Most HPV infections cause no symptoms and clear up on their own. When there are symptoms, genital warts are the most visible.
Of the more than 150 types of HPV, two are responsible for over 90% of genital warts. Genital warts can take weeks or even months or years to appear. Like most HPV infections, genital warts clear up on their own even without treatment. Usually, they clear up within two years, though it may be faster or take longer.
The HPV vaccine Gardasil 9 guards against the two types of HPV that cause 90% of genital warts, types 6 and 11.
Overall, Gardasil 9 prevents infection by the HPV types that cause over 90% of genital warts, 80-90% of anal cancers, over 90% of cervical cancer, and a significant proportion of vaginal and vulvar cancers. Research also suggests the vaccine can help prevent penile and mouth cancers.
Genital warts happen in the area surrounding or even inside our genitals or anus. Genital warts can be different shapes and sizes. They can look like flat white patches, bumpy like heads of cauliflower, or not be visible at all! At worse, warts itch or bleed, but they don’t cause any more serious health conditions.
Having warts doesn’t mean that you are more at risk for cancer: the types of HPV that causes genital warts and the types of HPV that can cause cancers are different!
Genital warts and HIV
Sometimes, having a genital wart can make it easier to acquire HIV depending on where it is on the body. That’s why some suggest that getting the HPV vaccine can be a useful additional tool to prevent HIV. Thankfully, there are lots of tools that help prevent HIV transmission in any situation!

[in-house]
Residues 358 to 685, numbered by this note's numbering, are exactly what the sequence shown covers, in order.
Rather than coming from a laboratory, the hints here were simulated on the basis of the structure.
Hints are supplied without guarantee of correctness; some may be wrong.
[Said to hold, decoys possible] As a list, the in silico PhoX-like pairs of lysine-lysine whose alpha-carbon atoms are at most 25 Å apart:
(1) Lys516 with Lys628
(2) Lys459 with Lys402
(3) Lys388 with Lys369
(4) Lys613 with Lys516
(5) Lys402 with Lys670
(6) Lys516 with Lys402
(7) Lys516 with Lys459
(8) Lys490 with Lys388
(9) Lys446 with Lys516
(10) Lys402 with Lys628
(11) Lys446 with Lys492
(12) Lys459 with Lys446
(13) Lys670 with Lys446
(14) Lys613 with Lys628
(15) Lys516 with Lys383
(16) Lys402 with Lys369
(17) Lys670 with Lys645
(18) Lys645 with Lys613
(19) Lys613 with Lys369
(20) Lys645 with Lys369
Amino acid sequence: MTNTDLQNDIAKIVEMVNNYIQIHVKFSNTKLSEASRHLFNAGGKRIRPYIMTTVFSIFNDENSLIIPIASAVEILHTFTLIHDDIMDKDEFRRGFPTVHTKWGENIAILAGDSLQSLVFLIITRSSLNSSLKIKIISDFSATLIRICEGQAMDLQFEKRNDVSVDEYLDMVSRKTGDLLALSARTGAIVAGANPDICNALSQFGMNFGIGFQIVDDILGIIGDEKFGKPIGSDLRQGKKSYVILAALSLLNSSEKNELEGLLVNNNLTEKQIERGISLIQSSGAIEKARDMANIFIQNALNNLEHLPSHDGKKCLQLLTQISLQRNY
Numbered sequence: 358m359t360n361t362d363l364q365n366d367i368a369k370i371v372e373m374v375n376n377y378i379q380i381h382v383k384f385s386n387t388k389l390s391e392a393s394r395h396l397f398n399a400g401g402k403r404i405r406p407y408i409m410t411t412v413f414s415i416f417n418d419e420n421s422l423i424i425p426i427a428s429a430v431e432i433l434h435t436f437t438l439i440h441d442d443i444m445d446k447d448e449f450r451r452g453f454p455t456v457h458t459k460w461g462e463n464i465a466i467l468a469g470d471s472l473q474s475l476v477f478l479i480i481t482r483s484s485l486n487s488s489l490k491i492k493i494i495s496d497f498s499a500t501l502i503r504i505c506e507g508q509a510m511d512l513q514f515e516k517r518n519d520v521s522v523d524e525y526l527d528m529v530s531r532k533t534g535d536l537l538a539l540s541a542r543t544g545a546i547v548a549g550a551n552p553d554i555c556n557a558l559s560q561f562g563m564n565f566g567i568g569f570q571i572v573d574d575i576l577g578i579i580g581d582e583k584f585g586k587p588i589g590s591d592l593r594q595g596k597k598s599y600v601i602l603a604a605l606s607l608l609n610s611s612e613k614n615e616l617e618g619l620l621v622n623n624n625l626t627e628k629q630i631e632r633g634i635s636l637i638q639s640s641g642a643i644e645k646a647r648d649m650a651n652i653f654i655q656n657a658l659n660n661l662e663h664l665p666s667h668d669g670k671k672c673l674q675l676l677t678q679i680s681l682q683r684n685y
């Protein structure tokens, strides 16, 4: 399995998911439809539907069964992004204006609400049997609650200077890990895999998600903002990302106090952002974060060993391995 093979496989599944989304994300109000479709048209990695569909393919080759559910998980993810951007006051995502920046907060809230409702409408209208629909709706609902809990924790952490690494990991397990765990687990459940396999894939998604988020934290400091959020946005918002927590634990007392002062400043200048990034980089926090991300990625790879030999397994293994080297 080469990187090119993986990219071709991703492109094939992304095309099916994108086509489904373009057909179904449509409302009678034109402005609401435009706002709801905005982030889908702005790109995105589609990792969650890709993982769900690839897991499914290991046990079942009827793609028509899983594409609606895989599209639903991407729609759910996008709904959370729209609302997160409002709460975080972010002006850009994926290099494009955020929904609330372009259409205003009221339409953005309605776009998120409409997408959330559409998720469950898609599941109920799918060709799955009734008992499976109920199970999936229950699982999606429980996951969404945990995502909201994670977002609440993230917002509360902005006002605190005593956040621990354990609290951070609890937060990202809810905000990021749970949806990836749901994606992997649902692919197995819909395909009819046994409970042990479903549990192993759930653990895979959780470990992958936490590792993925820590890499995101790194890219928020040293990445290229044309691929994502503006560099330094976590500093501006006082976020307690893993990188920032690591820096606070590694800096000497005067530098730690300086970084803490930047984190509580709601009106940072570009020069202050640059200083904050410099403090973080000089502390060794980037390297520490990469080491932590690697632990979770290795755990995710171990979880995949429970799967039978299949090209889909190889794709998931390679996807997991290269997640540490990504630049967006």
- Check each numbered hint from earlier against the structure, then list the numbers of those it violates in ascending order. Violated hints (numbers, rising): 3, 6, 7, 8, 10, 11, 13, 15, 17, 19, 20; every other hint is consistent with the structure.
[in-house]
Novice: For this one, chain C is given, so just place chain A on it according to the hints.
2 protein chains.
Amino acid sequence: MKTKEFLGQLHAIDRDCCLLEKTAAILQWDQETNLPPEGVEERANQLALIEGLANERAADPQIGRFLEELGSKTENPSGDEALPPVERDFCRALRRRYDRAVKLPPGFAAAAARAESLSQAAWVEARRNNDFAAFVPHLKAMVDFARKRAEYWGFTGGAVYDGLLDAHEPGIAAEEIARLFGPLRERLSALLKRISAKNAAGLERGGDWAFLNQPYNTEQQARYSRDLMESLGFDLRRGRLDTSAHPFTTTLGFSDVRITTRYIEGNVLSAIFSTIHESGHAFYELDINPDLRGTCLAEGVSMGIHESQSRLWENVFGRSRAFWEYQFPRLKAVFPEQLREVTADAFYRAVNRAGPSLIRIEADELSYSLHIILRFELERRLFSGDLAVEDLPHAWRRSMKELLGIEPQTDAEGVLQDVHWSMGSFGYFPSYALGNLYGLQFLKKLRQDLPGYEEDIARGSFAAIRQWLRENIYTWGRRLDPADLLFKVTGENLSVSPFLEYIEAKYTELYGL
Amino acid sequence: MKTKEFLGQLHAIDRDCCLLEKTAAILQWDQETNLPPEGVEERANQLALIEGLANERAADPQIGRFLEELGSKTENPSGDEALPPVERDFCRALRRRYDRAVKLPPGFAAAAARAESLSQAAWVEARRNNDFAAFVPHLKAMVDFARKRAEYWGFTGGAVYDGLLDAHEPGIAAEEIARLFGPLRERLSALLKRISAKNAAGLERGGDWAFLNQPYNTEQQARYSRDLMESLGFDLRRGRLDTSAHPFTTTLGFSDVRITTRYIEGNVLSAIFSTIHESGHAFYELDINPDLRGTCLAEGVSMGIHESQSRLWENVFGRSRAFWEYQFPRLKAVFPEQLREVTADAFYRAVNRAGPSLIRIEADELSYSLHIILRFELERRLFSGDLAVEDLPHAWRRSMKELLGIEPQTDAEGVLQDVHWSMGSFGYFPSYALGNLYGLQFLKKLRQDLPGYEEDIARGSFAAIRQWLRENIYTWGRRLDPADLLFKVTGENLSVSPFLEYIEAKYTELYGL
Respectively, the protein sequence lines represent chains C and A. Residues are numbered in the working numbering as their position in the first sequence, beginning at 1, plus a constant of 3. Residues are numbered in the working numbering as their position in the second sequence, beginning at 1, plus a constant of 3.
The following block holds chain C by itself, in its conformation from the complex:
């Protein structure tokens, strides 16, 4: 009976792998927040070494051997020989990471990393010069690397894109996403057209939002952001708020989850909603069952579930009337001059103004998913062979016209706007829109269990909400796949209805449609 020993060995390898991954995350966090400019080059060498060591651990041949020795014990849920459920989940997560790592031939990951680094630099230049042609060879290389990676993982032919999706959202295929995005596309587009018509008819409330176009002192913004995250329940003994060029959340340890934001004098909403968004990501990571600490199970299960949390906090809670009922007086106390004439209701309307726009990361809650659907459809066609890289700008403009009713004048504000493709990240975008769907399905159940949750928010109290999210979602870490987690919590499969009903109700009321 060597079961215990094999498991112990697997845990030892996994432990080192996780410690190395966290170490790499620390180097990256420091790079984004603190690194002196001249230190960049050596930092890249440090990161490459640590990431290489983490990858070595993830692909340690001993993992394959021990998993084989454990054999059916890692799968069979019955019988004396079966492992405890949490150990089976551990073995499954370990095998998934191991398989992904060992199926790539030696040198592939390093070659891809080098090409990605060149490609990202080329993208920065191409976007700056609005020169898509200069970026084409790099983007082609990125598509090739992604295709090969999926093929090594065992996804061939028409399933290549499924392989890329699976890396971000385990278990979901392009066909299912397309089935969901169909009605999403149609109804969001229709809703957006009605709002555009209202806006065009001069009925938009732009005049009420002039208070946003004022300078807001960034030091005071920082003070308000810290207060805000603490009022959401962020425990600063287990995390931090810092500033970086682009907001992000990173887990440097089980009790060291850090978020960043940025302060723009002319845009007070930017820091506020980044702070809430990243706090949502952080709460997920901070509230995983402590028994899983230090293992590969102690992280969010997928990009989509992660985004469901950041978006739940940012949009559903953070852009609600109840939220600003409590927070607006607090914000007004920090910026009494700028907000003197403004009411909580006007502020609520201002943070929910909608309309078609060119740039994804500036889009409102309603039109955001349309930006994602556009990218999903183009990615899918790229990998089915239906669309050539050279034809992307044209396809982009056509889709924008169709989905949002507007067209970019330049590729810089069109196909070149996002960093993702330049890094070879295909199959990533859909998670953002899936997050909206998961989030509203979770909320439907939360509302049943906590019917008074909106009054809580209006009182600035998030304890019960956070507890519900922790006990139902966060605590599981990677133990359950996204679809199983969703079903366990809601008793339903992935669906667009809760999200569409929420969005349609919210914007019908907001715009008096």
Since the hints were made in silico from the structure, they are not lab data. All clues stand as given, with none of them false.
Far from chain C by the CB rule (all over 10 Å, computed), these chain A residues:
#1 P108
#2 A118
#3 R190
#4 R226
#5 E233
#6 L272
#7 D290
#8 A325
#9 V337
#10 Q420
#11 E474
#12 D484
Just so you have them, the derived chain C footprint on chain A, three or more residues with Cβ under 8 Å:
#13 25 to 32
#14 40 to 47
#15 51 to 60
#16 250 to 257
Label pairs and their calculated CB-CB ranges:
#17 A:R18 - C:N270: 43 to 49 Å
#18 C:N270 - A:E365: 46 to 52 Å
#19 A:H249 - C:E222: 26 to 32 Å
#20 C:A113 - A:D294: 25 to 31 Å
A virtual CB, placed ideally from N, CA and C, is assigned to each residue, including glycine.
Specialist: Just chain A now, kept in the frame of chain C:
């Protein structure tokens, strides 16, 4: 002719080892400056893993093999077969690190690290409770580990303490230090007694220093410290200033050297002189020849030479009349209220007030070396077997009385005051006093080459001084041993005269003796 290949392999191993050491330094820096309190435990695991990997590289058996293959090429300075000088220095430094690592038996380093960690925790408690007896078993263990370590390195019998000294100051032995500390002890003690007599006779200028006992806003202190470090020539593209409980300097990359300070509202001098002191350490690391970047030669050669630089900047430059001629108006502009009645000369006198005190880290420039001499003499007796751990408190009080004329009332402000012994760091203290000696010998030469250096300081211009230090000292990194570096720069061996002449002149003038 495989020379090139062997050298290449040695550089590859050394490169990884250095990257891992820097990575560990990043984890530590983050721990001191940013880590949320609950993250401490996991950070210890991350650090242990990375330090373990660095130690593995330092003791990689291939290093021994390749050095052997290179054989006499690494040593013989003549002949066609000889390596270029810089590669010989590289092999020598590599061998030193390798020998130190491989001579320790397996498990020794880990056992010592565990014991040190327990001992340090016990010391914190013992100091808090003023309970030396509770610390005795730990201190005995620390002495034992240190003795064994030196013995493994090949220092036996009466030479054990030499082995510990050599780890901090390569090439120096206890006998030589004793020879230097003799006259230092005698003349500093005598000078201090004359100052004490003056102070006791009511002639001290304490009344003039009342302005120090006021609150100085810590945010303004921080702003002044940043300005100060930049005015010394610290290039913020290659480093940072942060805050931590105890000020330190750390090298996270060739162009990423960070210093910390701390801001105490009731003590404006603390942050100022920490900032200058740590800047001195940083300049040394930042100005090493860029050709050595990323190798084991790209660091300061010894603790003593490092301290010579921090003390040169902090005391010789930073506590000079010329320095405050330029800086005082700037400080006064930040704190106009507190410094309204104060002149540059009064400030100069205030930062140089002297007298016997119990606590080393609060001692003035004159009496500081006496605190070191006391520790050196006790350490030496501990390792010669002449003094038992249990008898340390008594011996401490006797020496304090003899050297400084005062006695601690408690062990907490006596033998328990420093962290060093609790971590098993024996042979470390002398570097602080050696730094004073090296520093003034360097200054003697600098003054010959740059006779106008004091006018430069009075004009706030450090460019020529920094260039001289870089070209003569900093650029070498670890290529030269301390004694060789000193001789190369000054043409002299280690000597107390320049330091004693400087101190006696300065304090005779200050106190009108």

People living with HIV are more likely to develop genital warts from the types of HPV that cause them. Warts can also be more difficult to treat and may come back more frequently for people living with HIV.
Genital warts can be treated, although it is easier or harder depending on how big they are and where they are on a body. If you notice a growth and think it may be a wart, you can speak to a nurse or doctor to have it examined and receive treatment. Depending on the wart or warts, treatments may include topical cream, freezing or burning it off, or even removal by surgery or laser. If you need to have genital wards removed, it is covered by the BC Medical Services Plan (MSP). It is also covered by the Interim Federal Health Program (IFHP) for people who are refugee claimants, immigration detainees, or have experienced trafficking. It is important to note that over-the-counter treatments for other kinds of warts are not appropriate for treating genital warts, since they are not meant to treat the sensitive skin of the genitals.
Removing a genital wart or waiting for the body to take care of it does not mean that the HPV infection itself has gone away. It is possible that the infection stays in the skin and reappears late. Just because there aren’t visible warts does not mean a person does not have HPV, whether the types that cause warts or any other type. HPV can be easily transmitted with simple skin-to-skin contact between people with no visible symptoms.